“I went to a summer program there, and then entered the school the following year. I just loved it,” Tetelman said. “Just being in that atmosphere — singing with them, rehearsing with them, and then performing with professional orchestras and going on tours all over the world at a young age — it was amazing. And it was like a family. I loved the camaraderie, and made lifelong friends.”

While at the school, Tetelman was one of a few boys chosen to sing on The Lost Christmas Eve album by the Trans-Siberian Orchestra. The album went gold, earning the seventh- and eighth-graders Gold Records.

Tosca, Teatro Regio Torino. (Photo by Edoardo Piva)

As he matured, Tetelman was “diagnosed” as a baritone. “I didn’t really have the high notes yet because of my technical inability as a young singer,” he said. “Baritone just felt more natural. And I wanted to be like those lower voiced guys. I thought that was cooler.”

Tetelman’s teacher at the Manhattan School of Music was Maitland Peters, the chairman of the voice department. It was with Peters that Tetelman began to realize he was more suited to a higher vocal range.

“He was always eager to learn and went from a young kid who liked to sing to a consummate artist,” Peters wrote of Tetelman in an email. “He never missed a lesson, and always was curious, diligent, and eager to learn. While he started as a baritone it became clear after a few years of establishing a solid vocal technique that he was destined to be a tenor. We trained carefully and consistently to develop a solid technique that would last a lifetime. I told him that his fame would come about the age of 30 … and it has! He is perhaps the most talented young man I have worked with in 40 years of teaching at the highest level! I am so proud and honored that I was able to teach him for those formative years. He is a wonderful and creative artist and I am certain will go on to have a tremendous career.”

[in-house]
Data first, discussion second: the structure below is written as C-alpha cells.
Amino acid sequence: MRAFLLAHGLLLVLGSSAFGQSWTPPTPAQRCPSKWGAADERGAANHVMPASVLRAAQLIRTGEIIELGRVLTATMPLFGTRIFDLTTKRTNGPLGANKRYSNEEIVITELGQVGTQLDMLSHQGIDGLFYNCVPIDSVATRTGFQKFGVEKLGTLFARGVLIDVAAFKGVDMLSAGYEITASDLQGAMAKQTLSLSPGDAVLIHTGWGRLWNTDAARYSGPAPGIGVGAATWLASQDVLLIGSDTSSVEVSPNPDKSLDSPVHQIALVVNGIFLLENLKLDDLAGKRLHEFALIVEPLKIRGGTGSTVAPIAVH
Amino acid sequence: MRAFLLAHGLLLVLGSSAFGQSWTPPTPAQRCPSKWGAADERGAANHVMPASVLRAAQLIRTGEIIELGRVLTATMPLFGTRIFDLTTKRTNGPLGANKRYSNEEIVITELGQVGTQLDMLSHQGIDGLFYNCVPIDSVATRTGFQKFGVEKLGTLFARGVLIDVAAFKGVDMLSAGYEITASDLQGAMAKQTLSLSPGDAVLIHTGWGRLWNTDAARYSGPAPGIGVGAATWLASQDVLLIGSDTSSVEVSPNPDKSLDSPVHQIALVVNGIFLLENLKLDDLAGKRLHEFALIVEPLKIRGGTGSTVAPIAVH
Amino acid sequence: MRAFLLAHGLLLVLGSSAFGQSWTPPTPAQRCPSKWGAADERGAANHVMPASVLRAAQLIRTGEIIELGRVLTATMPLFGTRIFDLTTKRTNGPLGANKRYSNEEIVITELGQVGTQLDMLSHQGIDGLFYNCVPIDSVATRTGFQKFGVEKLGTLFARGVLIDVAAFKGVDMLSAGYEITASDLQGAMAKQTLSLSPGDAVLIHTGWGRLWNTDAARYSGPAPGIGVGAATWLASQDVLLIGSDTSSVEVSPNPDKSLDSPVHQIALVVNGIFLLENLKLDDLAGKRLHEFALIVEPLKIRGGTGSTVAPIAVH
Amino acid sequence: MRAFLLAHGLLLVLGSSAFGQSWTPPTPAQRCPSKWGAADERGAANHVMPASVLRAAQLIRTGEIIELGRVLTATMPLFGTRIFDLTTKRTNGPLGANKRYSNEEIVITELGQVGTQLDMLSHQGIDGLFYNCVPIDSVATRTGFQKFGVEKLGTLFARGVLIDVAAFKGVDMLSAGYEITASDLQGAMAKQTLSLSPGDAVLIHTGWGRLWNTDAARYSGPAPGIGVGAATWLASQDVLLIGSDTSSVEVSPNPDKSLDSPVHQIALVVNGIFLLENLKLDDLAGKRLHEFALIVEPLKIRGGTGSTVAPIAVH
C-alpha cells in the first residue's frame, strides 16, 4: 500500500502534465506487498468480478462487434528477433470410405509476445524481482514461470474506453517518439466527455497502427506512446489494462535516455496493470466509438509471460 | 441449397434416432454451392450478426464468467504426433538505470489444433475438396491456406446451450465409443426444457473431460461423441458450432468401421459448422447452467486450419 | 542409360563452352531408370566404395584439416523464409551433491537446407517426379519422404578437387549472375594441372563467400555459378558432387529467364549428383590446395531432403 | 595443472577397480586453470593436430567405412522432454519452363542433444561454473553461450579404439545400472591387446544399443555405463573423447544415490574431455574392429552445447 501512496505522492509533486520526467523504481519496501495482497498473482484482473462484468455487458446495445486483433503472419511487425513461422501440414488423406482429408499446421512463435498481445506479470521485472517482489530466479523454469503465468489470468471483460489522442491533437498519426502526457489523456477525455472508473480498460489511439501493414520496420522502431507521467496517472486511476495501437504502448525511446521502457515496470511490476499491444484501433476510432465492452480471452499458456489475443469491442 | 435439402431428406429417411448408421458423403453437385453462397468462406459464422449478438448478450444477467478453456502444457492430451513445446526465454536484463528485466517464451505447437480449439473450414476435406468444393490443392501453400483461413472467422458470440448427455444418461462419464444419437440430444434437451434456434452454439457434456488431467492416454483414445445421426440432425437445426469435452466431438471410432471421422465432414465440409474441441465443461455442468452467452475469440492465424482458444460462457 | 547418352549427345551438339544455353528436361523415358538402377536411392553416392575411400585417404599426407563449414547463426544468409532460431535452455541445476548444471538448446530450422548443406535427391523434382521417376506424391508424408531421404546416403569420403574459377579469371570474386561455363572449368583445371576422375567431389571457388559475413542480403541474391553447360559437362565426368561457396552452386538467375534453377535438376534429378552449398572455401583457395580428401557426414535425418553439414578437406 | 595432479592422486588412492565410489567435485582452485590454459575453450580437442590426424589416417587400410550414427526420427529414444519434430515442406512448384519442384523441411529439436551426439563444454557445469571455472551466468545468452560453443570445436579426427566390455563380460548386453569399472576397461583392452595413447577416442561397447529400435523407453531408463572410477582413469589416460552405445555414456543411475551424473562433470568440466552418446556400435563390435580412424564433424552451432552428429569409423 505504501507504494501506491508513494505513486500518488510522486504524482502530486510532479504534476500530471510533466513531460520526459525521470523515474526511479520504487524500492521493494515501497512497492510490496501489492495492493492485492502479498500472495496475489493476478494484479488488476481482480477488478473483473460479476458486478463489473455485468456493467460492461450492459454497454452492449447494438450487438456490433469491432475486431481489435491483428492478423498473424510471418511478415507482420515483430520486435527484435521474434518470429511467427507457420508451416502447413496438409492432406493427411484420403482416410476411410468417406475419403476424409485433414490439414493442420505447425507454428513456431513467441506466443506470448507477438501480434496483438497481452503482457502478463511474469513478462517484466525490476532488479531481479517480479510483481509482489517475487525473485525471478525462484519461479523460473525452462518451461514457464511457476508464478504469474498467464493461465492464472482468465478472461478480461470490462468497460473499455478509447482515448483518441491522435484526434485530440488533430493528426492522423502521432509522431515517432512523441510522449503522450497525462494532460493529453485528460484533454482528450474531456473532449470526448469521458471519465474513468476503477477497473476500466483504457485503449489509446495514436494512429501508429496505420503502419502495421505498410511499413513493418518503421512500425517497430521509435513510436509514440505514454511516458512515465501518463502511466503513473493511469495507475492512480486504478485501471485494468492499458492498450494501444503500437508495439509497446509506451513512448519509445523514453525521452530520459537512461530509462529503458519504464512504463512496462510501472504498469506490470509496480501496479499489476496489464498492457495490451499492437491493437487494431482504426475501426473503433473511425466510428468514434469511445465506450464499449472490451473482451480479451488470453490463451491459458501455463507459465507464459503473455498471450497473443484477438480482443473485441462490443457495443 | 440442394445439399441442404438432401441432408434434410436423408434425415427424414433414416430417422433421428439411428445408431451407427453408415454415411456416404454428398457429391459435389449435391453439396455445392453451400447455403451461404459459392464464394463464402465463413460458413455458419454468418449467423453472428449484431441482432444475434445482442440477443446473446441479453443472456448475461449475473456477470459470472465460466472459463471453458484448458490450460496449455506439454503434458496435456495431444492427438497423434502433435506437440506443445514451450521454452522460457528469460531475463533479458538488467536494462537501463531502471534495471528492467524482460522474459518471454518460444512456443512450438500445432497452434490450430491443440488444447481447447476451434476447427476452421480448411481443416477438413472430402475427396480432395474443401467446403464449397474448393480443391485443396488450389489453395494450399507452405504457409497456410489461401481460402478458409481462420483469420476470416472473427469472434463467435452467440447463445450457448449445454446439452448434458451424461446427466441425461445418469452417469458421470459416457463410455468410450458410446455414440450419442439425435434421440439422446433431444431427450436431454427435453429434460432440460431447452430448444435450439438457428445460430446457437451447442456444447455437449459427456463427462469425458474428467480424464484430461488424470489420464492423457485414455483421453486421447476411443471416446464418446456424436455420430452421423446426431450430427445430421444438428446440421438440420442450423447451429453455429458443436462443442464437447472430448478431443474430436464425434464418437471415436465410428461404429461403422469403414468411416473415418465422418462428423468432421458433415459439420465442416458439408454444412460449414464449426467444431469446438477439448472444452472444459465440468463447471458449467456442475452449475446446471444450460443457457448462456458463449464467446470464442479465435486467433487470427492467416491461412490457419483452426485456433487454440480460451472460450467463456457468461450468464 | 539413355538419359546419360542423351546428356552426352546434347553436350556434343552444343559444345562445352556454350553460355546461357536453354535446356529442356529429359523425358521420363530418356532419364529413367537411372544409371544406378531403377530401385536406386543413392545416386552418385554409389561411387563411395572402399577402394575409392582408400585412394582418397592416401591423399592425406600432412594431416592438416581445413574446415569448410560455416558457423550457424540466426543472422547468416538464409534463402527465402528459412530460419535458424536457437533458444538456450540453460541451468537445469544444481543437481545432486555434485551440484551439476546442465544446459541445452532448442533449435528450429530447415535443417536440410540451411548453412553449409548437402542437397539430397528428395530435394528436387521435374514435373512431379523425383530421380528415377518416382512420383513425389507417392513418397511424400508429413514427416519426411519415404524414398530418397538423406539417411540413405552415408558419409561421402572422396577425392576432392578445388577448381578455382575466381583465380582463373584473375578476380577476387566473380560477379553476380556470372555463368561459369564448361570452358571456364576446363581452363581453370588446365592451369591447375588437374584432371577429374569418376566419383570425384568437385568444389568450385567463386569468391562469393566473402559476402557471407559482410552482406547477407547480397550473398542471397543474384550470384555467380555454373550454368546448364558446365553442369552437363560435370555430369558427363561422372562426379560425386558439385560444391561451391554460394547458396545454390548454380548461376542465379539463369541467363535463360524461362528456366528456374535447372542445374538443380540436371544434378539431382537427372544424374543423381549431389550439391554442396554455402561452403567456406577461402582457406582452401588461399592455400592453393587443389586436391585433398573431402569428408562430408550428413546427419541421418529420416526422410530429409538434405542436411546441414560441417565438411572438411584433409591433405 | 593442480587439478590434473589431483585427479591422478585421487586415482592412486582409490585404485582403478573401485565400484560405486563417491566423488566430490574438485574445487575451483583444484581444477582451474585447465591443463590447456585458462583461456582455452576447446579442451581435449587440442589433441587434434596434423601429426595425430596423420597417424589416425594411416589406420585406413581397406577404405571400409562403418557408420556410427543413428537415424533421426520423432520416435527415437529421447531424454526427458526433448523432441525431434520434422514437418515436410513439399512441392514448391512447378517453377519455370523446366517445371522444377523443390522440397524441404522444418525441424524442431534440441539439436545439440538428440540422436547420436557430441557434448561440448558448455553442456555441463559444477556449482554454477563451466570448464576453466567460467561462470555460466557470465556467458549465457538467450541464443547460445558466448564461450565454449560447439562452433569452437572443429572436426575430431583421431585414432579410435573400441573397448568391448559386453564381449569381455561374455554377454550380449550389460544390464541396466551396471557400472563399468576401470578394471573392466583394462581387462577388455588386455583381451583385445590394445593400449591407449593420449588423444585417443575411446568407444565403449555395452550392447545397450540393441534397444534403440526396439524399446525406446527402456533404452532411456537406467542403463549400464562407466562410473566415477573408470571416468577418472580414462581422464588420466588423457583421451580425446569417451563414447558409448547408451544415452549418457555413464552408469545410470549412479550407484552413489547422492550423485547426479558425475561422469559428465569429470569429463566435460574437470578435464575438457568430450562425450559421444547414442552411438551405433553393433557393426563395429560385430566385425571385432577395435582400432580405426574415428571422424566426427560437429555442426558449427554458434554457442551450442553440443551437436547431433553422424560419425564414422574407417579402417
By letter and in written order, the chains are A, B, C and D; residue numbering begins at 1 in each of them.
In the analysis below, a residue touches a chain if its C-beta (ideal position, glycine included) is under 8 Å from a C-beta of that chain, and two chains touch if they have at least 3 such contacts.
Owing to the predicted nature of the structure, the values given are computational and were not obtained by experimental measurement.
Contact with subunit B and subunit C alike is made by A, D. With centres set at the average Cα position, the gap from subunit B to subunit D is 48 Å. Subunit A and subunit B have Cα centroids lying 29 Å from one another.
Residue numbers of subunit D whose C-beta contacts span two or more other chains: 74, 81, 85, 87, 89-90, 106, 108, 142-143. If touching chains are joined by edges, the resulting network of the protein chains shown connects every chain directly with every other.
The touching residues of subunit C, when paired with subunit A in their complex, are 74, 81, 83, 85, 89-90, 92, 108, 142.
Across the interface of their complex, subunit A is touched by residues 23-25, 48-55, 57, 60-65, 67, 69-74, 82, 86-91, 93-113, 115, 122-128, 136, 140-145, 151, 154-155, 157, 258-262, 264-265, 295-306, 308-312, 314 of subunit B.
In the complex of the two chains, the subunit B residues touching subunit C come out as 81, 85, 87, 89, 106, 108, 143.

The transition to tenor continued when Tetelman was a graduate student at the Mannes College of Music. “I officially became a tenor when I was about 26,” he said. “I really started to understand what it meant. I noticed that I was gaining the technical ability for a higher register.”

There was more study after graduate school. Tetelman trained in the Young Artist Programs, which are similar to residency training programs, at Opera North, the Martina Arroyo Foundation, Gulf Shore Opera, and the International Vocal Arts Institute, where he began working with two of the top vocal teachers for opera performers, Mark Schnaible and his wife, Trish McCafferty, based in New York City. “They have been guiding me and my voice development for the past four years,” Tetelman said. “I would not be where I am today without the unconditional support they have given me — just like family.”

La Boheme, Komische Oper Berlin. (Photo by Axel Lauer)